Around the time that these colonies were beginning to prohibit deer hunting out of season, the Dutch colonist Adriaen Van Der Donck was told by Native interlocutors in the New York area that “before the arrival of the Christians, many more deer were killed than there are now, without any perceptible decrease of their numbers.” If Native hunters were indeed killing more deer in the past than even existed by the mid-17th century, deer populations must indeed have been high prior to European colonization.

What all of this means is that when the Pilgrims landed in 1620, prior to the widespread arrival of European colonists, much of the ecology of New England would have likely still been managed by Native Americans. Controlled burns were common, and disturbance-loving animals like deer were abundant. When the Pilgrims planted their fields and hunted game, they were enjoying the ecological legacy of what Native American environmental managers had engineered over the course of thousands of years before Europeans set foot in North America.

Another factor contributed to the ecology that Pilgrims encountered: epidemic disease.

An outbreak of an unknown disease likely transmitted by European fishermen occurred between 1616 and 1618 in coastal areas of New England. This epidemic led to severe mortality in many coastal Native communities. The English colonists interpreted this disease outbreak as the will of God, and praised him for clearing a path for them to settle New England by killing off many of the Native inhabitants. The epidemic was disastrous. Native people died in droves, and their remains were said to have been left unburied as the few survivors could not feasibly do anything given the scale of the carnage. English colonist Thomas Morton wrote that even several years after the disease outbreak, “the bones and skulls … made such a spectacle … that as I [traveled] in that forest near the Massachusetts, it seemed to me a new found Golgotha,” in reference to the skull-shaped hill outside of Jerusalem where Jesus is said to have been crucified.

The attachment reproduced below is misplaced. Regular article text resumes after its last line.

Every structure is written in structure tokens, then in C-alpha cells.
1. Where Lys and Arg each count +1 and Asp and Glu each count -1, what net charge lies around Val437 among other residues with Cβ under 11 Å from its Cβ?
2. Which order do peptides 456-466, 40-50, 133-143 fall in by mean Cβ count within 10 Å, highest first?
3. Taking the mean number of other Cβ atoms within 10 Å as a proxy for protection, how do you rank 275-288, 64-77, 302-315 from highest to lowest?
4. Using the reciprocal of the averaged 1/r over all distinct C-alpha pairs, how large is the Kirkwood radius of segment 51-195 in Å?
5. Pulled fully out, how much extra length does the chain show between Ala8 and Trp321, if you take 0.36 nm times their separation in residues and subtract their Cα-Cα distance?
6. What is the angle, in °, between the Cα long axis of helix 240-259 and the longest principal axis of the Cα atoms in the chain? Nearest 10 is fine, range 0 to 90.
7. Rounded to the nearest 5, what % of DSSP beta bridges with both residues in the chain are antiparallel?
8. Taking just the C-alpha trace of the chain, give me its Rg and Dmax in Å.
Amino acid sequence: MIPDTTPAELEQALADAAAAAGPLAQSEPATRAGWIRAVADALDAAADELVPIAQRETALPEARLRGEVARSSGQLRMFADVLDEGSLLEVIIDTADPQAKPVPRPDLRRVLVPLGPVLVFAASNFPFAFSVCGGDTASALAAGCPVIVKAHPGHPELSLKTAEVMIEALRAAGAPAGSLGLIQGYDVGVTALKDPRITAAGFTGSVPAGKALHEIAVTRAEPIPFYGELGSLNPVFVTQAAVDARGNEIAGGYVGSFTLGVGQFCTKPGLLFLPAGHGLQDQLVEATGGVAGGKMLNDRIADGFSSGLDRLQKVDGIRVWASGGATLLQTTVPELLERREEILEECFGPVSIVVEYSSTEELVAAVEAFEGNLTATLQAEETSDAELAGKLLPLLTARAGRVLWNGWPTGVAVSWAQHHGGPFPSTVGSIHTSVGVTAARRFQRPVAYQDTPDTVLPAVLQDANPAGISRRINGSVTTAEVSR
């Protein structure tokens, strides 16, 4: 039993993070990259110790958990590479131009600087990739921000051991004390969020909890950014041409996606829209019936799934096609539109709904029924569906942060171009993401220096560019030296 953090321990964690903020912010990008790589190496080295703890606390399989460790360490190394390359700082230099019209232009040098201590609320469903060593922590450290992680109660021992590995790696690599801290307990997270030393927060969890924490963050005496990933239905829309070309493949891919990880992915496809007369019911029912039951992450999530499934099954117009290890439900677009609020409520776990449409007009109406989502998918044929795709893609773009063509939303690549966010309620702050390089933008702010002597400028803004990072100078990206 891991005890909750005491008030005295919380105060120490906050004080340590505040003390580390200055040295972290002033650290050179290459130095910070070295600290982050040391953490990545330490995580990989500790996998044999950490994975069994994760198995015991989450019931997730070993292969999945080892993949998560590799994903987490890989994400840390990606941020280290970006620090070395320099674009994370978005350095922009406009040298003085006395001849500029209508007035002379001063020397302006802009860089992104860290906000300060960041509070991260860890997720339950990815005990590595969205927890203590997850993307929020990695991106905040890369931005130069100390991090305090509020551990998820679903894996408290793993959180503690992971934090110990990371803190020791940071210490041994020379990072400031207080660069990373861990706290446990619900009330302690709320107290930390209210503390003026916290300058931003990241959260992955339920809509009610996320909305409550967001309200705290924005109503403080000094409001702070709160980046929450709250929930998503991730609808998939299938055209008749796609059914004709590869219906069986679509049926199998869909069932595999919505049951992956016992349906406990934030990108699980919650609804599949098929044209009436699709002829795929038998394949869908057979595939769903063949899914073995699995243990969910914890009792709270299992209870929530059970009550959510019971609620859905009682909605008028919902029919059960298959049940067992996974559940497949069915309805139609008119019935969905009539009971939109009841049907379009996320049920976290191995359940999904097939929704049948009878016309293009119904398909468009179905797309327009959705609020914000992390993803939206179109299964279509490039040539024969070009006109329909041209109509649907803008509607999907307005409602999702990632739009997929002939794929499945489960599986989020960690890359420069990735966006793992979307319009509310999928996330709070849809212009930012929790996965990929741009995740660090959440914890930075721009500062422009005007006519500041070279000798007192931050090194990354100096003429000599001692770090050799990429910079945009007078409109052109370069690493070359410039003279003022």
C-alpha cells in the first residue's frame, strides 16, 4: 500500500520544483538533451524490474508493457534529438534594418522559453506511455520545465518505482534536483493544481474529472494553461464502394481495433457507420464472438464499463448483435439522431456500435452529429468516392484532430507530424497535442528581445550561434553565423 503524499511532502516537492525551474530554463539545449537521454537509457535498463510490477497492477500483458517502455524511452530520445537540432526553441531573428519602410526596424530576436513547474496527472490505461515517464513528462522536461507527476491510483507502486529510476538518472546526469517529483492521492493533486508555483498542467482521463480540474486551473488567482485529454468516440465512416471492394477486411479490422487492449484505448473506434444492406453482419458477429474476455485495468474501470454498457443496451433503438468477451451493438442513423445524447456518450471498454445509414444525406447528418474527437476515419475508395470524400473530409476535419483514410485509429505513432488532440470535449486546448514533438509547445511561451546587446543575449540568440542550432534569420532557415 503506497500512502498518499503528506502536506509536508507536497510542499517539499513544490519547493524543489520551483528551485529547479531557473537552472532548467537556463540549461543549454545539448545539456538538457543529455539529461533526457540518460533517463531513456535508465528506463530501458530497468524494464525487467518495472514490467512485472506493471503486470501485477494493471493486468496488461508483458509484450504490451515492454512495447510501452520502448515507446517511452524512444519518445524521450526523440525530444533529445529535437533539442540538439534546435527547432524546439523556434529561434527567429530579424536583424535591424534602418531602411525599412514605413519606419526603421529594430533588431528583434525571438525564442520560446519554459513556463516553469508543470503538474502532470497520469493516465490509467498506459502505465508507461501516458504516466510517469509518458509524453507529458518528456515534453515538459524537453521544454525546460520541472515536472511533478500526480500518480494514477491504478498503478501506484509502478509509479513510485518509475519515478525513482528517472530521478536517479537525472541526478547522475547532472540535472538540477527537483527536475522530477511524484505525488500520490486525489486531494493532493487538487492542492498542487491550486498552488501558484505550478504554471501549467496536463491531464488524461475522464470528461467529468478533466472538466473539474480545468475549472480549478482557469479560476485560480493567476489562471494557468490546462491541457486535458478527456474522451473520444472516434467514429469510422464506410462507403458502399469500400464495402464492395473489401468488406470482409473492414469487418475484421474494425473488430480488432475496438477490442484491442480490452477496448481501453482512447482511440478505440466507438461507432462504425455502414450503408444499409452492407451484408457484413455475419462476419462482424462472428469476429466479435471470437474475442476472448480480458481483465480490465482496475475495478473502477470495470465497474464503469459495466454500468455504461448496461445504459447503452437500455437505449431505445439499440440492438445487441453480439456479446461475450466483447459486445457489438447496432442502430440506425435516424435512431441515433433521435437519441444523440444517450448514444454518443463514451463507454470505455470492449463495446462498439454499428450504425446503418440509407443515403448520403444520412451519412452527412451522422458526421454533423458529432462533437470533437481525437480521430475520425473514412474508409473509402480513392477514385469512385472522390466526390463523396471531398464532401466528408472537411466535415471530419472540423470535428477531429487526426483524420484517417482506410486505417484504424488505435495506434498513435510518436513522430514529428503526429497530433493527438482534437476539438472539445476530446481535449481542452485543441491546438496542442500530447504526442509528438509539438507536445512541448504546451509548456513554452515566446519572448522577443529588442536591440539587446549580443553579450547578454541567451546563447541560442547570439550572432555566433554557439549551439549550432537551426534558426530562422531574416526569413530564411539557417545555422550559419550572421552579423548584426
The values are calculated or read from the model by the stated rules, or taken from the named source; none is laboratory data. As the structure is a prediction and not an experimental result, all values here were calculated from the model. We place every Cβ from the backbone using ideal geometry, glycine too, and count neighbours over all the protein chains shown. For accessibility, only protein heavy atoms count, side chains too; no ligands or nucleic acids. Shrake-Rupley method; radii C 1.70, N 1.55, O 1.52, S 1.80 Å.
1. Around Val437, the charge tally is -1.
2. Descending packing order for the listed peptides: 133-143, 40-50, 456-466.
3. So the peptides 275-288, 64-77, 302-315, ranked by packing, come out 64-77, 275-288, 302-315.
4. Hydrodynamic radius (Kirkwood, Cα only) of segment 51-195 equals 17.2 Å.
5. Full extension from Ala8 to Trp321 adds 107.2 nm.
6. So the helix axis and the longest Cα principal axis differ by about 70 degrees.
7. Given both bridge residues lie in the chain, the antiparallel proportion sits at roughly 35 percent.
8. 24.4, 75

It was this epidemic that wiped out the Patuxet tribe and allowed the Pilgrims to enjoy the ecological benefits of living on Patuxet land with no Patuxet remaining, save for Squanto.

Archaeologists have found that deer populations in California and the American Southwest increased after epidemic disease devastated Native communities in those regions. It is therefore possible that immediately after coastal New England was largely depopulated in 1616–1618, deer and other species may have increased in number simply because no one was left to hunt them. This could explain some of the environmental abundance enjoyed by the Pilgrims upon their arrival in 1620, though it may be just as likely that the loss of Native environmental managers might actually have reduced deer populations given the mutualistic symbiosis between them. There is currently no clear evidence for environmental rebound in New England, but it may have occurred on a smaller scale that has yet to be widely perceived by archaeologists and ecologists.

It seems likely that the ecological abundance enjoyed by the Pilgrims four centuries ago during the First Thanksgiving was the result of deliberate and skillful environmental management by Native peoples. Beyond the help of Native individuals like Squanto, the land itself aided the Pilgrims. After all, it had been engineered by Native Americans to be productive. The lesson from this should be clear. It is possible for humans to actively coexist with their environments in ecologically sustainable ways, and we would do well to reflect on how that can best be accomplished today.